Composting and Recycling: The Twin Pillars of Zero Waste
In the journey towards a sustainable future, composting and recycling play a pivotal role. They not only help in waste reduction but also contribute to the creation of valuable resources. This blog post delves into the importance of composting and recycling, and how they contribute to the zero waste movement.
Composting: Turning Waste into Wealth
Composting is a natural process that turns organic material like food scraps and yard trimmings into a nutrient-rich soil conditioner. It plays a crucial role in reducing the amount of waste that ends up in landfills and incinerators.
Creating and implementing a system for composting food scraps and/or soiled paper on-site is a great way to manage organic waste. It not only ensures that food scraps are properly composted but also contributes to the creation of valuable, nutrient-rich soil.
For facilities that cannot compost on-site, off-site composting is a viable option. This involves diverting organic matter away from landfill and incineration and towards the creation of nutrient-rich soil at a different location.
Composting Yard Trimmings
Another important aspect of composting is the management of yard trimmings. Creating and implementing a system for collecting and composting, digesting, or mulching all green waste generated through landscaping activities can significantly reduce waste.
Recycling: Giving New Life to Waste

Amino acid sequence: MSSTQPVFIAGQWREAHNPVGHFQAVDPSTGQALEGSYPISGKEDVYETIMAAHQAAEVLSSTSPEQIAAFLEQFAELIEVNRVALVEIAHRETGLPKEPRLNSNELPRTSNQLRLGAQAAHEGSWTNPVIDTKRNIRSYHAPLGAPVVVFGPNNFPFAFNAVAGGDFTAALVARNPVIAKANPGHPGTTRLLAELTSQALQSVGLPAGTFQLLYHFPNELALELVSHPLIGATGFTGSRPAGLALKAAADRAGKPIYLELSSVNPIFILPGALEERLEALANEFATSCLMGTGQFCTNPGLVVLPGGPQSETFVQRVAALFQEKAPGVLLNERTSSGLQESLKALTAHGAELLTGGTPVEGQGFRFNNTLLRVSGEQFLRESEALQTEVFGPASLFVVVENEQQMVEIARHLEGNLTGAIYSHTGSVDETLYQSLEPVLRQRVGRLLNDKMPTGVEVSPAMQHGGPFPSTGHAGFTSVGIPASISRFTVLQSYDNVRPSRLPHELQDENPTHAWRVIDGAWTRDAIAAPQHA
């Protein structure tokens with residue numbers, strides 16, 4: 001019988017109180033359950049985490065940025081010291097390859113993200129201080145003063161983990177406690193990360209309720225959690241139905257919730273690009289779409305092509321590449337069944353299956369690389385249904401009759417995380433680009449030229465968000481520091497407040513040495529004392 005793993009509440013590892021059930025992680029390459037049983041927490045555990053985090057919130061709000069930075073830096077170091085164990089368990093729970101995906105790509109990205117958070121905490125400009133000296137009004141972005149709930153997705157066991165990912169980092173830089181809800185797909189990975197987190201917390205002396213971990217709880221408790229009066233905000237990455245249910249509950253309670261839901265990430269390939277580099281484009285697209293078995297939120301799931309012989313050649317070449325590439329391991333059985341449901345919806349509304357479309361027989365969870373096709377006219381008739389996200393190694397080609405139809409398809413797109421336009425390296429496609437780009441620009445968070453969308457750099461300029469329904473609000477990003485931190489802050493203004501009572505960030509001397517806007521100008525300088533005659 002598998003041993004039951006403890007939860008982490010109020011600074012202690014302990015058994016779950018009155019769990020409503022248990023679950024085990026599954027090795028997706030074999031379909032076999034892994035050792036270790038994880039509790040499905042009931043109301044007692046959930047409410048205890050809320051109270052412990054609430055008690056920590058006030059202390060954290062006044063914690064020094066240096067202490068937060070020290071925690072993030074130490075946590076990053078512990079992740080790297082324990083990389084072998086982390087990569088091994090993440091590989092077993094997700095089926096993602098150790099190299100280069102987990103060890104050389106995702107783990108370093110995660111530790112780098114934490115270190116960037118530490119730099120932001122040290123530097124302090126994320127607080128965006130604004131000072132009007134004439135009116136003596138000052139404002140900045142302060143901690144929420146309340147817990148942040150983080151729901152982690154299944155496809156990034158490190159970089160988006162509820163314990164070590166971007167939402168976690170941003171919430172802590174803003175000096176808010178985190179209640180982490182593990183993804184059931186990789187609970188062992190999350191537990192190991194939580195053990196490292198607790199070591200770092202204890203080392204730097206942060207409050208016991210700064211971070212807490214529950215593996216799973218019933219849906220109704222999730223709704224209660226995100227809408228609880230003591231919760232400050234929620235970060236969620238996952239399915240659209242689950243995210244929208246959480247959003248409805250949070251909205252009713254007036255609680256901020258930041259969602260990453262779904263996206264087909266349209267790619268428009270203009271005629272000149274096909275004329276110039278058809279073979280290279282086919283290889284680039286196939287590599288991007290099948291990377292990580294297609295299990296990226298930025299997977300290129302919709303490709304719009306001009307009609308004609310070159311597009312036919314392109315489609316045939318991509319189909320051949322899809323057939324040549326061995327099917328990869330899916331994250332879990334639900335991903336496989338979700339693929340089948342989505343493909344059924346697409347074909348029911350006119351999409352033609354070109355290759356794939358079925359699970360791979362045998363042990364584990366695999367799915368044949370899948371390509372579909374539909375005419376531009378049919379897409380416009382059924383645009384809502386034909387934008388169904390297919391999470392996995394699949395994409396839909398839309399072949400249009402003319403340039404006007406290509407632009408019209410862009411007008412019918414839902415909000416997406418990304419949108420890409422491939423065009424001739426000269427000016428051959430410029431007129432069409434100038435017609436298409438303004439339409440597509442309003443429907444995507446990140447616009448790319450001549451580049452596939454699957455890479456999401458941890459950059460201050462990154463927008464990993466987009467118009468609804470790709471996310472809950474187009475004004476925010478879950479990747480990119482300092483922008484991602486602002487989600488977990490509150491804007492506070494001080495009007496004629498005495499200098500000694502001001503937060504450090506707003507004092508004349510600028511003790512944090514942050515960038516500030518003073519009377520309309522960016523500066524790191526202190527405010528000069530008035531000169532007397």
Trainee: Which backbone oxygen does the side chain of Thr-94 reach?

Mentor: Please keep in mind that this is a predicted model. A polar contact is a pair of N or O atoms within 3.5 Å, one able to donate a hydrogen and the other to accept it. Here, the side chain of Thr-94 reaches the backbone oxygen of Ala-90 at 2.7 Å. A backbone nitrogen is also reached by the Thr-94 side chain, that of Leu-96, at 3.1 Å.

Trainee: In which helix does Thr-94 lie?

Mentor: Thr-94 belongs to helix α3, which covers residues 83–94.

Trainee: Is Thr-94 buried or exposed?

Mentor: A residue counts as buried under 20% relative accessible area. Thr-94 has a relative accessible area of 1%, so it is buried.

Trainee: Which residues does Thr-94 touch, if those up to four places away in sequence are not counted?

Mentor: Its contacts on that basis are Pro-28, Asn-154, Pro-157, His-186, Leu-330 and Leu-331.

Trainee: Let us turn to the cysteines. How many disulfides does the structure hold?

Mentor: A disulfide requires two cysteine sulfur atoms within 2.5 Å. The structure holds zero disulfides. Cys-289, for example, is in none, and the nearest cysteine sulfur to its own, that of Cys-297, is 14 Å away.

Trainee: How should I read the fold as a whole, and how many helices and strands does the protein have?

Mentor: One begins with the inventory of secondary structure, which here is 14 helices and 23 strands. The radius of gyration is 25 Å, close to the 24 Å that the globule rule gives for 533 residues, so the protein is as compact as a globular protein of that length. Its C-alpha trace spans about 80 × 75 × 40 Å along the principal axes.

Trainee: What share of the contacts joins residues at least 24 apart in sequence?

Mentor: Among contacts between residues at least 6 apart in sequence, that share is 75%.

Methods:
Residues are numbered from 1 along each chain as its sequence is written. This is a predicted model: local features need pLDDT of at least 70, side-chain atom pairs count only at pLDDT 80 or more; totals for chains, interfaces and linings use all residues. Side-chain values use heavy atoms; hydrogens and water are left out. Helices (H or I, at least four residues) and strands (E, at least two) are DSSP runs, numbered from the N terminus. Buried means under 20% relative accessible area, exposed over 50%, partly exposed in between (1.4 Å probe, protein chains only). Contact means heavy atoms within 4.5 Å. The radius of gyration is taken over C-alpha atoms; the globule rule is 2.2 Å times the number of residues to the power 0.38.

Recycling involves converting waste materials into reusable materials and products. It is a key element of modern waste reduction and is the third component of the “Reduce, Reuse, and Recycle” waste hierarchy.
Determining End Markets for Recycled Commodities
Understanding the entire lifecycle of materials generated at a facility is crucial for effective recycling. This involves acquiring written documentation from every service provider on where recyclable commodities from the facility are sent for final processing.
For instance, the Sierra Nevada Brewing Co. received the name of the final processor and the name of the end market for each of their material types. They created spreadsheets to track this information, including the country and state of each processor and whether they were domestic or overseas.
The Power of Separation
To ensure organic materials are properly separated from the waste stream, it’s important to create a process for the collection of source-separated compostable. This should take place at front and back of house food service operations, break areas, and all other locations where organics are generated.
Composting and recycling are more than just waste management strategies. They are a testament to our ability to turn waste into resources, to give new life to what was once considered useless. By embracing these practices, we can make significant strides towards a sustainable and waste-free future.